simplicity of XML makes XML programmers easy to train and less
              expensive to keep, in turn making XML applications less expensive to
              buy and maintain.

                         XML E-COMMERCE SOLUTION                   EDI E-COMMERCE SOLUTION
                         Optimized for easy programming            Optimized for compressed messages

                         Uses your existing Internet connection    Frequently uses value-added
                                                                   network (VAN) charging $1 to $20 per
                                                                   message or more

                         XML message format learned in hours       EDI message format takes months to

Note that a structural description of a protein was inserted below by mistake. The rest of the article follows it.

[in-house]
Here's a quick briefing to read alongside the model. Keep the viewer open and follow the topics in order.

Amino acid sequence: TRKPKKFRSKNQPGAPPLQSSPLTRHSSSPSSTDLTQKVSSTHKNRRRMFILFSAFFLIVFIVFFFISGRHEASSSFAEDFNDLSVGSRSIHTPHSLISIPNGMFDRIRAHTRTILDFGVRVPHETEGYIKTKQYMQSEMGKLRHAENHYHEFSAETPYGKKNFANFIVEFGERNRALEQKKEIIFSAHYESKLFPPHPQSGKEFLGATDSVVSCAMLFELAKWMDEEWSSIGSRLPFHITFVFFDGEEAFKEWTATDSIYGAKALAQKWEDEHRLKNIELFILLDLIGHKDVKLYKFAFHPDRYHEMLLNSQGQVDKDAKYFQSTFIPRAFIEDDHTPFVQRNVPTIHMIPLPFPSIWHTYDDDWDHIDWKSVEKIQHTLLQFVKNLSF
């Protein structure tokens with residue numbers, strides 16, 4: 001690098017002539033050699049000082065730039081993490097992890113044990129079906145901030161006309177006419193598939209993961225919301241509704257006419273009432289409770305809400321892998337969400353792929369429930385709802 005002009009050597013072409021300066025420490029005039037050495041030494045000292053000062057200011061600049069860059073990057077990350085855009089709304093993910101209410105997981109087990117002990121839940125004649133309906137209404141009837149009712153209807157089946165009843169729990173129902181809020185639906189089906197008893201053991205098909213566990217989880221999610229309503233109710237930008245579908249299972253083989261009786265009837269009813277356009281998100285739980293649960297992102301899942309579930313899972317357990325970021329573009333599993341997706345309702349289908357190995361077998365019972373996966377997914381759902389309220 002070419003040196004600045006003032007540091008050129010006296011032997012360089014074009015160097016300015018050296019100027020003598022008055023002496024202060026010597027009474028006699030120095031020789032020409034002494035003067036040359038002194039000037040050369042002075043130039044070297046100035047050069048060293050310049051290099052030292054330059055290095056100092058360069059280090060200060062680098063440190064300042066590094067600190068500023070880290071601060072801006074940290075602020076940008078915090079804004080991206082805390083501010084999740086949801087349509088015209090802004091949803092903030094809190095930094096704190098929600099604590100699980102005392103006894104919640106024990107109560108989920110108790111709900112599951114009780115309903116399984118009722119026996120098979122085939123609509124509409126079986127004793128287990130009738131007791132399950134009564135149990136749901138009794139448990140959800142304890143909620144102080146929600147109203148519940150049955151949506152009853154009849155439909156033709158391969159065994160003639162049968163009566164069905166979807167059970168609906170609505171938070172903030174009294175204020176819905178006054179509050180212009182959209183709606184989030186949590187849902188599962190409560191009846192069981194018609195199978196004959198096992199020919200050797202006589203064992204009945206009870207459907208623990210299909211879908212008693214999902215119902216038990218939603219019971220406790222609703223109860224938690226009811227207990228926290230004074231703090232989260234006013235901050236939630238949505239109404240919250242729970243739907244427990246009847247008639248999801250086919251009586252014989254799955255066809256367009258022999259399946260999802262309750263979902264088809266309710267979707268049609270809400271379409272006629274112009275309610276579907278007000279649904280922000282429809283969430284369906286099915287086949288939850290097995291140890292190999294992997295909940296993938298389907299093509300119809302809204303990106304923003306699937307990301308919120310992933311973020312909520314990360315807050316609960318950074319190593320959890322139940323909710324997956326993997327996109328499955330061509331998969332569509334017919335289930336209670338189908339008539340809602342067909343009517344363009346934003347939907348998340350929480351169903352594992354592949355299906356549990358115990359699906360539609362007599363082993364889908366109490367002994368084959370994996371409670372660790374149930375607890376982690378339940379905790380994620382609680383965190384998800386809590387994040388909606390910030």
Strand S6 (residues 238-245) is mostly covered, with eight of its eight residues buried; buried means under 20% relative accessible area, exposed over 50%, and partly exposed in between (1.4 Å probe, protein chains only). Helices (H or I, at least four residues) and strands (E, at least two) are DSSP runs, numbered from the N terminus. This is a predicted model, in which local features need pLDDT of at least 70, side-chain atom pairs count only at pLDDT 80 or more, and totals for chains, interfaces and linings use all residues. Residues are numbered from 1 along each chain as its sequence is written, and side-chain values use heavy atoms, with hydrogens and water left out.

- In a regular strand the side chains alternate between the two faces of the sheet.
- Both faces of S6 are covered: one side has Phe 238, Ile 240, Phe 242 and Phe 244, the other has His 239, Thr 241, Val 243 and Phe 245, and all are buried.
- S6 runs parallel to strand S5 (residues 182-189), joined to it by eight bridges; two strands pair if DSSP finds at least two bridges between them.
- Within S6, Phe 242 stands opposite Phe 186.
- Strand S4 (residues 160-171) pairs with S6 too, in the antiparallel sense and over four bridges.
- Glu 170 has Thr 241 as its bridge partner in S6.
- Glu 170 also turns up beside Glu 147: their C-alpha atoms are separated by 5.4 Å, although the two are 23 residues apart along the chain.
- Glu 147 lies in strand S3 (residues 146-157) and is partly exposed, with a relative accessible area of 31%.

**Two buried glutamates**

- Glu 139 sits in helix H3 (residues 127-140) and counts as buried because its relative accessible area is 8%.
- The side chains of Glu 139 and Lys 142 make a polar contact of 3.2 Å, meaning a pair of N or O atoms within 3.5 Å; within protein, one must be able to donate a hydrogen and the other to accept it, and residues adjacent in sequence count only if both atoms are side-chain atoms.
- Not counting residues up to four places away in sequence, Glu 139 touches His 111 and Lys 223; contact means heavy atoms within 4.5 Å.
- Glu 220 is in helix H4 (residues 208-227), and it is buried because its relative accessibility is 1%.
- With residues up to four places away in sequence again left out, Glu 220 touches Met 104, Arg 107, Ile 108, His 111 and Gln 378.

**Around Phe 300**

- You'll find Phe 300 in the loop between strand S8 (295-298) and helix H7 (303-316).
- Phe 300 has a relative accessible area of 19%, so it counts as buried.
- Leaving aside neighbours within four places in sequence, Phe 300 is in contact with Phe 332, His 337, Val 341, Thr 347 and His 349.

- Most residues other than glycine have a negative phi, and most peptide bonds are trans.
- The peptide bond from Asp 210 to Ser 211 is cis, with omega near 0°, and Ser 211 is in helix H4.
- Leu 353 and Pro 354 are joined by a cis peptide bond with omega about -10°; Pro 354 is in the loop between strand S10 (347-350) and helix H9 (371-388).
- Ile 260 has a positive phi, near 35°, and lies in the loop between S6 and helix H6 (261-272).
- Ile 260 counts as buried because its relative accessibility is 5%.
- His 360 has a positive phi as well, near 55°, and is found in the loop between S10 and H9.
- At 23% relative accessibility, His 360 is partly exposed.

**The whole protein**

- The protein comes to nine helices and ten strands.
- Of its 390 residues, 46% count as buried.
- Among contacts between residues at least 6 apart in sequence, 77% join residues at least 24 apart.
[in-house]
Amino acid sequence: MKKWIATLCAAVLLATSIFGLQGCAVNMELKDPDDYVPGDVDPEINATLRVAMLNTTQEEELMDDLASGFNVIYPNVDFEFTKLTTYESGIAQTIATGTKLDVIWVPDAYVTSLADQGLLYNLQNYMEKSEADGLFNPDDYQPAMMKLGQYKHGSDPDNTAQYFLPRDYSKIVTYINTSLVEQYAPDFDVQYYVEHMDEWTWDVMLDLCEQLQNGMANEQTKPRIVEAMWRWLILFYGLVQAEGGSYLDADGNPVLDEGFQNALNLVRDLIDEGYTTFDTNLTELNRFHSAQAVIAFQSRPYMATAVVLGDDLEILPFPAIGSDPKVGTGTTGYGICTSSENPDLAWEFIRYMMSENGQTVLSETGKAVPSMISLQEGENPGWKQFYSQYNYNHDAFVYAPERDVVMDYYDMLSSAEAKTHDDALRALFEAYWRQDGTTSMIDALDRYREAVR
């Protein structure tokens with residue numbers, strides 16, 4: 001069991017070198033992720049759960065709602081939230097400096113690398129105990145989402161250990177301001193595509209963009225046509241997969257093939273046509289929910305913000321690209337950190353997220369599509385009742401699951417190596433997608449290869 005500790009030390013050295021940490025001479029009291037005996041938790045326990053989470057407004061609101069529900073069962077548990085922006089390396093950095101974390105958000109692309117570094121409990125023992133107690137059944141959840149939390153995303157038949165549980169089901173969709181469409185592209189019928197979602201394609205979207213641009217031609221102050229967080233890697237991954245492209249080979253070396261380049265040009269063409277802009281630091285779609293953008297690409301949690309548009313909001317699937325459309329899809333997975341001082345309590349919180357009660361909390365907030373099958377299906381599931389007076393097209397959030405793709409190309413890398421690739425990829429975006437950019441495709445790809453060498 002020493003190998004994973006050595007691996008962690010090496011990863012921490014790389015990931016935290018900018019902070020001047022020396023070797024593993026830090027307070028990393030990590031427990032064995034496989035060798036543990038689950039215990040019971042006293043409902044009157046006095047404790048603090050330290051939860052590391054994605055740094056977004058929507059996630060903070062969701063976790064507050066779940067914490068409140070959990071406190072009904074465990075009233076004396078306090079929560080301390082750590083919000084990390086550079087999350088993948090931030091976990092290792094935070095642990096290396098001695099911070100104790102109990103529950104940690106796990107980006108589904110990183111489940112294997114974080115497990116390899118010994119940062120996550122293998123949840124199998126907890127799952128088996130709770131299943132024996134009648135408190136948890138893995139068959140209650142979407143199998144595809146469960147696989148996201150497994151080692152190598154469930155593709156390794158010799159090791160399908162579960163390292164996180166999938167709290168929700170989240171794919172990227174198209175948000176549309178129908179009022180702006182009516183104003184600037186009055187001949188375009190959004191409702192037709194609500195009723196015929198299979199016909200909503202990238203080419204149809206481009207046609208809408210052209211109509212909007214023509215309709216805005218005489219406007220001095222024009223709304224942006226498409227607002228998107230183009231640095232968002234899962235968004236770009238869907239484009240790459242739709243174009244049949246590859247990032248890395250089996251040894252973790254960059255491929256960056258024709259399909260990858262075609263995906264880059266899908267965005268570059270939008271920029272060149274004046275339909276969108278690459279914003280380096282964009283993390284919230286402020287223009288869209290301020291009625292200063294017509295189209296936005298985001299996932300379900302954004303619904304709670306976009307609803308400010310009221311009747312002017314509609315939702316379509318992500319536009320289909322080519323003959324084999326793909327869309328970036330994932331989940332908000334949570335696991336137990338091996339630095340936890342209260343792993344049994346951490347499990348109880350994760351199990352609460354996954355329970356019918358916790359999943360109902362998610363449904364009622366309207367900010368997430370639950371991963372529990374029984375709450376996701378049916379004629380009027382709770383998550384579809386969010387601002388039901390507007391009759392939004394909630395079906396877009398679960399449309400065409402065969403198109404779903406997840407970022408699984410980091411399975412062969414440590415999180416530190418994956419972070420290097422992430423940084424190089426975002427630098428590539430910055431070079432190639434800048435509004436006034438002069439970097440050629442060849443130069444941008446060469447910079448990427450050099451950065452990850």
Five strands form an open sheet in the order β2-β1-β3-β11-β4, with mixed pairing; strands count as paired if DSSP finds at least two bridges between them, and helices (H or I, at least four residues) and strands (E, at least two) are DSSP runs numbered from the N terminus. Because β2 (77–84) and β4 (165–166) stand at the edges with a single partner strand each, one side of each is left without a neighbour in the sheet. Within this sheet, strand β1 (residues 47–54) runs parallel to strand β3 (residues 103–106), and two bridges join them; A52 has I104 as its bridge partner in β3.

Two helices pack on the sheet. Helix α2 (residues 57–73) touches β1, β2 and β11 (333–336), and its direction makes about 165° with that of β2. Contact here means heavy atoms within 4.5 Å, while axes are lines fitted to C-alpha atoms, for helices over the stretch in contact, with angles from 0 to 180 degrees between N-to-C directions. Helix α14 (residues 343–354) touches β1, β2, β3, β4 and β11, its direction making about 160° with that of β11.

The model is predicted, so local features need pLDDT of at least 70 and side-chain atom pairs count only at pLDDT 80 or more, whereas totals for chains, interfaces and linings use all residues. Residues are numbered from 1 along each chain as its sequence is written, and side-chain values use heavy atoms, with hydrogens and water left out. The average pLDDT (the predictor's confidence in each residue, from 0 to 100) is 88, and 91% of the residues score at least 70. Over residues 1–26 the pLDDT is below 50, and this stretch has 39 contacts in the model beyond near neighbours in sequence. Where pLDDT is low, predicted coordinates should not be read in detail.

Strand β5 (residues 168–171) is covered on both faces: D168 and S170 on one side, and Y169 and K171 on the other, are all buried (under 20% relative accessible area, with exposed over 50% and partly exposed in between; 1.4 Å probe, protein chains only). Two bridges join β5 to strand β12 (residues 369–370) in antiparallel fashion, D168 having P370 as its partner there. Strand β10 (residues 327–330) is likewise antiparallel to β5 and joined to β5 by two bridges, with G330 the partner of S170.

Only requires JavaScript, Visual Basic,   Requires highly trained
                         Python or Perl script writers             programmers

                                                    Figure 5 EDI and XML e-commerce solutions

                         Message Formats
                         The following two figures provide a comparison between EDI and XML.
                         To demonstrate the difference, try to find the purchase order number
                         in each document.

ISA*00*             *00*   *08*61112500TST           *01*DEMO WU000003
GS*PO*6111250011*WU000003 *970911*1039*9784*X*003020

                                                    Figure 6 Sample EDI purchase order
<?xml version="1.0" ?>

              <company>XYZ Supply Store</company>
                     <street>601 Pennsylvania Ave. NW</street>